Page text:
Currently, the department, IRCC, has worked with overseas missions and overseas governments, for example—we just had conversations in the Latin American region—trying to push out an understanding of any pockets of activities by ghost consultants that we or others have picked up, or that clients have informed us about, quite frankly. We found that engaging the foreign governments is actually one of the better ways to try to get them to understand and help us in addressing the ghost consultants. As you no doubt have heard, and we talked about last time, it's that extraterritorial behaviour that is the hardest thing for us to get at. It would be the hardest for any organization to get at.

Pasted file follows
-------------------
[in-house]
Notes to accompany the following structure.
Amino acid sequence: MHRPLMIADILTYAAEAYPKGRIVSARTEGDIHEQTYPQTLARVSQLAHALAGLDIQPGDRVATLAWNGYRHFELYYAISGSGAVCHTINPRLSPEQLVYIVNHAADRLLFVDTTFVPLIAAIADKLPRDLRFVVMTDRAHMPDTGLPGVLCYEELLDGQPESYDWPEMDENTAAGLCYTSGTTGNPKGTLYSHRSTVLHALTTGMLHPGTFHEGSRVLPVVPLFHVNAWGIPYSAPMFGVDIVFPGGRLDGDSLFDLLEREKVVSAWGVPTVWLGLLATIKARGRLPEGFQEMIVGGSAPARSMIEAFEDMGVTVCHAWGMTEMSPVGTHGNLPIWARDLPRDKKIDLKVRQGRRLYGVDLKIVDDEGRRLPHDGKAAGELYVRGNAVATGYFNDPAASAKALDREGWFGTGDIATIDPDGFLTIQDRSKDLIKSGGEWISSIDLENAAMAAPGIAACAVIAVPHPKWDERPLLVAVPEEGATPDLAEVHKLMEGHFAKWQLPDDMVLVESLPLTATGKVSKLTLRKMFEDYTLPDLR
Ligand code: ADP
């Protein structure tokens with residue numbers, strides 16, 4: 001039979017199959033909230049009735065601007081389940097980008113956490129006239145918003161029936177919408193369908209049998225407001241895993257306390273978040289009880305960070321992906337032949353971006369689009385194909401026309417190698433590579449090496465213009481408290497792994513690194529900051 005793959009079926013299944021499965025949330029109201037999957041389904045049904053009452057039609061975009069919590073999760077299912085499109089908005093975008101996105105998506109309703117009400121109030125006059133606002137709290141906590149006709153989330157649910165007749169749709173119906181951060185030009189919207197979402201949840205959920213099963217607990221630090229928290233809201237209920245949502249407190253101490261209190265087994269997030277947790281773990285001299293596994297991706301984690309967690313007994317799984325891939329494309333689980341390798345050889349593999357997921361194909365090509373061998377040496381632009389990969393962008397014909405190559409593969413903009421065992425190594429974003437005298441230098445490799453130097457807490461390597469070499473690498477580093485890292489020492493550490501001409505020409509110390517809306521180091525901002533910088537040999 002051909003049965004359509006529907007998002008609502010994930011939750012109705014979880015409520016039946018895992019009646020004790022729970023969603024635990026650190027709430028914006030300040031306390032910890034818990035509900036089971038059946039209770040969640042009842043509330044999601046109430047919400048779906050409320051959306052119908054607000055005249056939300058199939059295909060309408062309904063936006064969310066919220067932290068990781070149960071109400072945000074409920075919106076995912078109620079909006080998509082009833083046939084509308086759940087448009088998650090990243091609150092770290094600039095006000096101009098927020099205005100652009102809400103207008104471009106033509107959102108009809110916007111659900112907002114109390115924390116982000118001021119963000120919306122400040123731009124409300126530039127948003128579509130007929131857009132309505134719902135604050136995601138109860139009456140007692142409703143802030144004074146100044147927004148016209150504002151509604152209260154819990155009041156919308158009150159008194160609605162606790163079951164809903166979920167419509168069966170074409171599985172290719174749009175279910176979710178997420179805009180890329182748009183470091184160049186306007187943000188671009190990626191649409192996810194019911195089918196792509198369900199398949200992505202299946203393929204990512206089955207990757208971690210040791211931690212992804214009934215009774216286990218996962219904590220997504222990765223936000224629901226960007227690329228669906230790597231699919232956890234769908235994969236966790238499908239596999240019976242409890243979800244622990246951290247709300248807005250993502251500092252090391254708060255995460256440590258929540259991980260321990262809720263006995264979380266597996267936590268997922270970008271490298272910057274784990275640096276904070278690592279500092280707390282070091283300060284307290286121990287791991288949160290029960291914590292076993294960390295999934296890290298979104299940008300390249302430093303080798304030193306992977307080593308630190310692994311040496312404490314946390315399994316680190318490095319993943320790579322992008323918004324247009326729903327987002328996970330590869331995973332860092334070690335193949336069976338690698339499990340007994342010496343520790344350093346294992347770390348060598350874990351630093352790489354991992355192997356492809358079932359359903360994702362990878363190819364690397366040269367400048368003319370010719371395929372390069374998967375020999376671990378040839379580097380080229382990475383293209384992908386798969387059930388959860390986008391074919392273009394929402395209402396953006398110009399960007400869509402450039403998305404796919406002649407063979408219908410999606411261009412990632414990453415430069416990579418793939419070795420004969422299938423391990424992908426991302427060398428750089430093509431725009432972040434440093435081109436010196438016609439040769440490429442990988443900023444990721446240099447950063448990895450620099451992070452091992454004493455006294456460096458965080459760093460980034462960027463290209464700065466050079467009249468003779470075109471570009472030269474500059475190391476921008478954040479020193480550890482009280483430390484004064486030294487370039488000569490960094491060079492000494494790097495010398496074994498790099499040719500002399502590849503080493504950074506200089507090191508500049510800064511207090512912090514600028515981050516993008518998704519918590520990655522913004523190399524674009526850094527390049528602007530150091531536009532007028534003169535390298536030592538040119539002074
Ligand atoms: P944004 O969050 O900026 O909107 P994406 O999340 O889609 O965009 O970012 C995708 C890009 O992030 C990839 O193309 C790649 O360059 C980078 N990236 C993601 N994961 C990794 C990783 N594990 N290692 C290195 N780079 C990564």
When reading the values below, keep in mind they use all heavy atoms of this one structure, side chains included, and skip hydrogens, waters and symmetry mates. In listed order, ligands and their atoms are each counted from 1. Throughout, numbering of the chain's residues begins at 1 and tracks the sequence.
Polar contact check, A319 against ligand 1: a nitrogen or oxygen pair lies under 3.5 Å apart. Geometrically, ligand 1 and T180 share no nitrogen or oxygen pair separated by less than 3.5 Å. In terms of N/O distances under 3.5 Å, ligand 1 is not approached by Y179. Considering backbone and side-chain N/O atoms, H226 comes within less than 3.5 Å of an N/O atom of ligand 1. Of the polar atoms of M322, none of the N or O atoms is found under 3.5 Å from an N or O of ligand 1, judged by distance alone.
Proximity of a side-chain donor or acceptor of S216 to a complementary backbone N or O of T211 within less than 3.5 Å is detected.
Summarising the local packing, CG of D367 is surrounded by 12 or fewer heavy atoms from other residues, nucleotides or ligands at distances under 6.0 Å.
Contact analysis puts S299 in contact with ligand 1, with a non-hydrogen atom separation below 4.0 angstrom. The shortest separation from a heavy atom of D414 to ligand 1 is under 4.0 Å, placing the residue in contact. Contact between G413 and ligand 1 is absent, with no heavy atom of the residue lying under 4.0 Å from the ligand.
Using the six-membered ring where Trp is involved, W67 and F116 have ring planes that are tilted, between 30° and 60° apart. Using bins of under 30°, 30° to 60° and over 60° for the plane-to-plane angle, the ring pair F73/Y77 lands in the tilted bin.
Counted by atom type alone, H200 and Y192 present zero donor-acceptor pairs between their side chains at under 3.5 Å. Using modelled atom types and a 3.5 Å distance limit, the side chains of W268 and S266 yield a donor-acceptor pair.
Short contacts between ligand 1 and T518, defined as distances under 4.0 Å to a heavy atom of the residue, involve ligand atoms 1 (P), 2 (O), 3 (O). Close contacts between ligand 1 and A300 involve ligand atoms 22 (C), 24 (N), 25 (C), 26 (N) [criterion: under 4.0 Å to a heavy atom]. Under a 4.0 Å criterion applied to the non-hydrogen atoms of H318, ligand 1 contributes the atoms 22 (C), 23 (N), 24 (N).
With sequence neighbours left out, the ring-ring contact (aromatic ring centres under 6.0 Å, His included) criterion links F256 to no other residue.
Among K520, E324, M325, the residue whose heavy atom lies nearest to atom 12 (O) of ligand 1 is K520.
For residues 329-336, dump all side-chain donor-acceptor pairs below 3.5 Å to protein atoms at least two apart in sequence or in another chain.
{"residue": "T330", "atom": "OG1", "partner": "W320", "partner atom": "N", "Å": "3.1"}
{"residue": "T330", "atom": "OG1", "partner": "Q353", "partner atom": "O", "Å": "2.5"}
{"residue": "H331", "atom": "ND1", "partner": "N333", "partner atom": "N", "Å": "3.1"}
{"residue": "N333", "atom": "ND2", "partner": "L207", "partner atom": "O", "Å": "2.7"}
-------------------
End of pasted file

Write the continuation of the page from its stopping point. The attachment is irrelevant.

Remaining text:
The question of blacklist again goes back to our very first question, where we talked about a model and what it is you want the model to do. Is it an AMPs and ban regime; is it some type of public display of anyone who has been subject to an AMPs and ban, as we do in other programs across the government? Would that be appropriate? That would be part of an analysis of some of the better ways.
The key, as always, which your question really gets to, is how to make prospective clients and current clients aware. The best way, as we talked about, was through the social media and the public notifications, some of which we already do right now and some of which we heighten during fraud awareness week.